the educational system churns out partial automatons. They can spit
back the latest political slogans on command but they are unable
to utilize the faculty of reason to arrive at a deep understanding
of what it means to not harm others. They are unable to treat others
with the respect that is due to beings who are u201Cends in themselvesu201D
(just as they are) instead of objects to be used against
their will.

Moreover, they do not value integrity of thought, which requires
a working knowledge of valid and invalid argument forms. These tools
of thinking and peaceful living cannot be nurtured in an atmosphere
where the goals of the current regime are given primacy.

Furthermore, it is difficult for students to absorb important moral
lessons as long as they are inextricably linked to the hypocrisy
and brutality inherent in the tax-based funding mechanism that lies
at the heart of state-run schools. This mechanism requires nothing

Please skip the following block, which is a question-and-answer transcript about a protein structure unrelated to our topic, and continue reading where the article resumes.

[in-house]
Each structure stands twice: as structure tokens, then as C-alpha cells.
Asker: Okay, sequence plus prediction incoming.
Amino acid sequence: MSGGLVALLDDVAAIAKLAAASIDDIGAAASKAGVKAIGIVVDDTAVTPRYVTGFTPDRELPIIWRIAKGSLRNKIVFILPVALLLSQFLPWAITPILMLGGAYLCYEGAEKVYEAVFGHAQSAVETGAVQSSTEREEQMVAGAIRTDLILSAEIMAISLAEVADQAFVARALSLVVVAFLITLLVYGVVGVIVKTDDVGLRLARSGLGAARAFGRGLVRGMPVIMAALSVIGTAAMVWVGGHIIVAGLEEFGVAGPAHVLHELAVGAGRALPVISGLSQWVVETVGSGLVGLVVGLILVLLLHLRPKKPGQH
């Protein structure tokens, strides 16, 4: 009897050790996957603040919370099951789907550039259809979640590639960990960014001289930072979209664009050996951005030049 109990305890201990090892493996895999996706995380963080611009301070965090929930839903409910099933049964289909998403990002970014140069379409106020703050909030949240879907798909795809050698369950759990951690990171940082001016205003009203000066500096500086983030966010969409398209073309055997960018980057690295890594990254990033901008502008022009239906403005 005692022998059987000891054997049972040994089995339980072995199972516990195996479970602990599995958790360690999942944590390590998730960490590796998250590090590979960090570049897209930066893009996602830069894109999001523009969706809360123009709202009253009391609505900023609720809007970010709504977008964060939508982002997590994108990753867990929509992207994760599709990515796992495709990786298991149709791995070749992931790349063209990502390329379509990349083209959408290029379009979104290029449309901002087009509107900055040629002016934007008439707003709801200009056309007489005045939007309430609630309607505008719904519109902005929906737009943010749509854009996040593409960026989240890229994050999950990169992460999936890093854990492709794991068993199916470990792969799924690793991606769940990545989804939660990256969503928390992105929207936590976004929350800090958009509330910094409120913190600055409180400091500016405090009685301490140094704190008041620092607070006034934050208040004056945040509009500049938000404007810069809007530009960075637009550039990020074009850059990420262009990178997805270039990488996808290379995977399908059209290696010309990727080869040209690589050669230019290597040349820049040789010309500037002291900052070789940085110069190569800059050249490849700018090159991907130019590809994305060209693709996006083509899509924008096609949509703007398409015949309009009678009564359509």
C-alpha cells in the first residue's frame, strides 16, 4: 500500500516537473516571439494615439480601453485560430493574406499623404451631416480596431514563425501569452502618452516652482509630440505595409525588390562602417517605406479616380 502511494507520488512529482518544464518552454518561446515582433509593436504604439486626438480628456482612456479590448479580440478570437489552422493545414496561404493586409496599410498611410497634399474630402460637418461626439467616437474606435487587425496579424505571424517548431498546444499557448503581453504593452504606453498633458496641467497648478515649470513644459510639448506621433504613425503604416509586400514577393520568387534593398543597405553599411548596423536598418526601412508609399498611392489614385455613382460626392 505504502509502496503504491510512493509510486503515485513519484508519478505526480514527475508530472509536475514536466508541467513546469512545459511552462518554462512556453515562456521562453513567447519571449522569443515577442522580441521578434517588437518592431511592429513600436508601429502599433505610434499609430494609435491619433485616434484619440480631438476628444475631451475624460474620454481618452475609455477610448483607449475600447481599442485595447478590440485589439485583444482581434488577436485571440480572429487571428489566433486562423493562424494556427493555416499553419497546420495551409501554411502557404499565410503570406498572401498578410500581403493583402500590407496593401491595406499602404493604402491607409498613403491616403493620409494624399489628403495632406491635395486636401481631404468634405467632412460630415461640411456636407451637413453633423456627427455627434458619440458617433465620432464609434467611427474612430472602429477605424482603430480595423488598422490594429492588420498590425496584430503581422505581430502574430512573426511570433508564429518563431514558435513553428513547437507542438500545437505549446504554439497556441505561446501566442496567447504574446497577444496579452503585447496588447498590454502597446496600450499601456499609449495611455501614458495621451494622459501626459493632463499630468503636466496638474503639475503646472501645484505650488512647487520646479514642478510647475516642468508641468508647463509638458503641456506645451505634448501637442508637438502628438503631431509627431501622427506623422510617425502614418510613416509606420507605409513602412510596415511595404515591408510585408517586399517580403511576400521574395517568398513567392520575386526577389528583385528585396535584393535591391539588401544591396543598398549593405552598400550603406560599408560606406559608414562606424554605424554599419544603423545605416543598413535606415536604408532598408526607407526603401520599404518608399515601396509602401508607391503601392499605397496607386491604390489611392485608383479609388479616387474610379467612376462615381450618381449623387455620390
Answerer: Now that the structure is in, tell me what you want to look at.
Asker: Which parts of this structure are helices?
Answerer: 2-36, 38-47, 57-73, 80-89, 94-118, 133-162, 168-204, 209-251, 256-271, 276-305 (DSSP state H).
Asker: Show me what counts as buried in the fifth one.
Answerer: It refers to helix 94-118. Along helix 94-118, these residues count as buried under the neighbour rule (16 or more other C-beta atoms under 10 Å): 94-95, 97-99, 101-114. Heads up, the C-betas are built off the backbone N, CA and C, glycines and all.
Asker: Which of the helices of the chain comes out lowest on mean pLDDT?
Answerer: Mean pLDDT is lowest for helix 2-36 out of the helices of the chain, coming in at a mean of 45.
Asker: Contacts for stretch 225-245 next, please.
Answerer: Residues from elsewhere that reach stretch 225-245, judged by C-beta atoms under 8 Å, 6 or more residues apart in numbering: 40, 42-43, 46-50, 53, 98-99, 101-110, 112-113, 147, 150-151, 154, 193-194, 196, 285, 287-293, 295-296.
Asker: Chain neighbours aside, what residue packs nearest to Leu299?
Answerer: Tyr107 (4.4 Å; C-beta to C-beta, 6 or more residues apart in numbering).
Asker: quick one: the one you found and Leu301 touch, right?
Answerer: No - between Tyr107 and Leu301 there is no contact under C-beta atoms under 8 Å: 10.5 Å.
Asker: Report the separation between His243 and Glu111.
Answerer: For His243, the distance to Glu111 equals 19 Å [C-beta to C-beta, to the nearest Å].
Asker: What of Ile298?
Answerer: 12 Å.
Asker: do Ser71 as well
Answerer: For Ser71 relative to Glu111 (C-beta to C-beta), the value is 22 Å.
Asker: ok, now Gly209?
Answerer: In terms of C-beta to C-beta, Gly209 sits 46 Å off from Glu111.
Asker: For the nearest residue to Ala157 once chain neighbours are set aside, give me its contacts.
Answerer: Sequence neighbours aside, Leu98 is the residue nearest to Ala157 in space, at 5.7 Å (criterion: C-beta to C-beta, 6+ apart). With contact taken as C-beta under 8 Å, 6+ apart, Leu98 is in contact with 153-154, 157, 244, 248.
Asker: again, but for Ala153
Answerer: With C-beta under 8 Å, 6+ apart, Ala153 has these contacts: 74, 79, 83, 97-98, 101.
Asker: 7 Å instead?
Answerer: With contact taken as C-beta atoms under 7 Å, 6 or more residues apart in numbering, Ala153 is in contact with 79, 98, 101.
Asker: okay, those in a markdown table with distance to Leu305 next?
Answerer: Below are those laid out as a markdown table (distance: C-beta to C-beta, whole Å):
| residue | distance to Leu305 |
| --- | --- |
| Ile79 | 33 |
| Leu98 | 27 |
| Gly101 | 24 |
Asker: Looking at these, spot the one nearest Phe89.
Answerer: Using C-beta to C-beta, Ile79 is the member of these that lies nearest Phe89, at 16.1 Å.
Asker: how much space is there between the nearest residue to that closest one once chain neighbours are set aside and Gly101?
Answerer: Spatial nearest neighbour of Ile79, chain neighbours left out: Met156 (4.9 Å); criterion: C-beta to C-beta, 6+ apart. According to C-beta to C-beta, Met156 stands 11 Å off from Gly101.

less than the coerced submission and victimization of one set of
human beings by a powerful special-interest group comprising teachers'
unions, politicians, and parents.

No collection of good intentions, excuses, or exception-making can
outweigh this violation. When you tax, you steal, especially when
the money taken is to be used to feather someone's personal nest.
When you initiate aggressive war, you murder. When you lust after
and plan to seize foreign oil, you covet.

Separating
school and state

The
system of state-funded, state-run schools places a huge developmental
roadblock in front of children. It blocks intellectual development
because its content is politically determined and it sidesteps the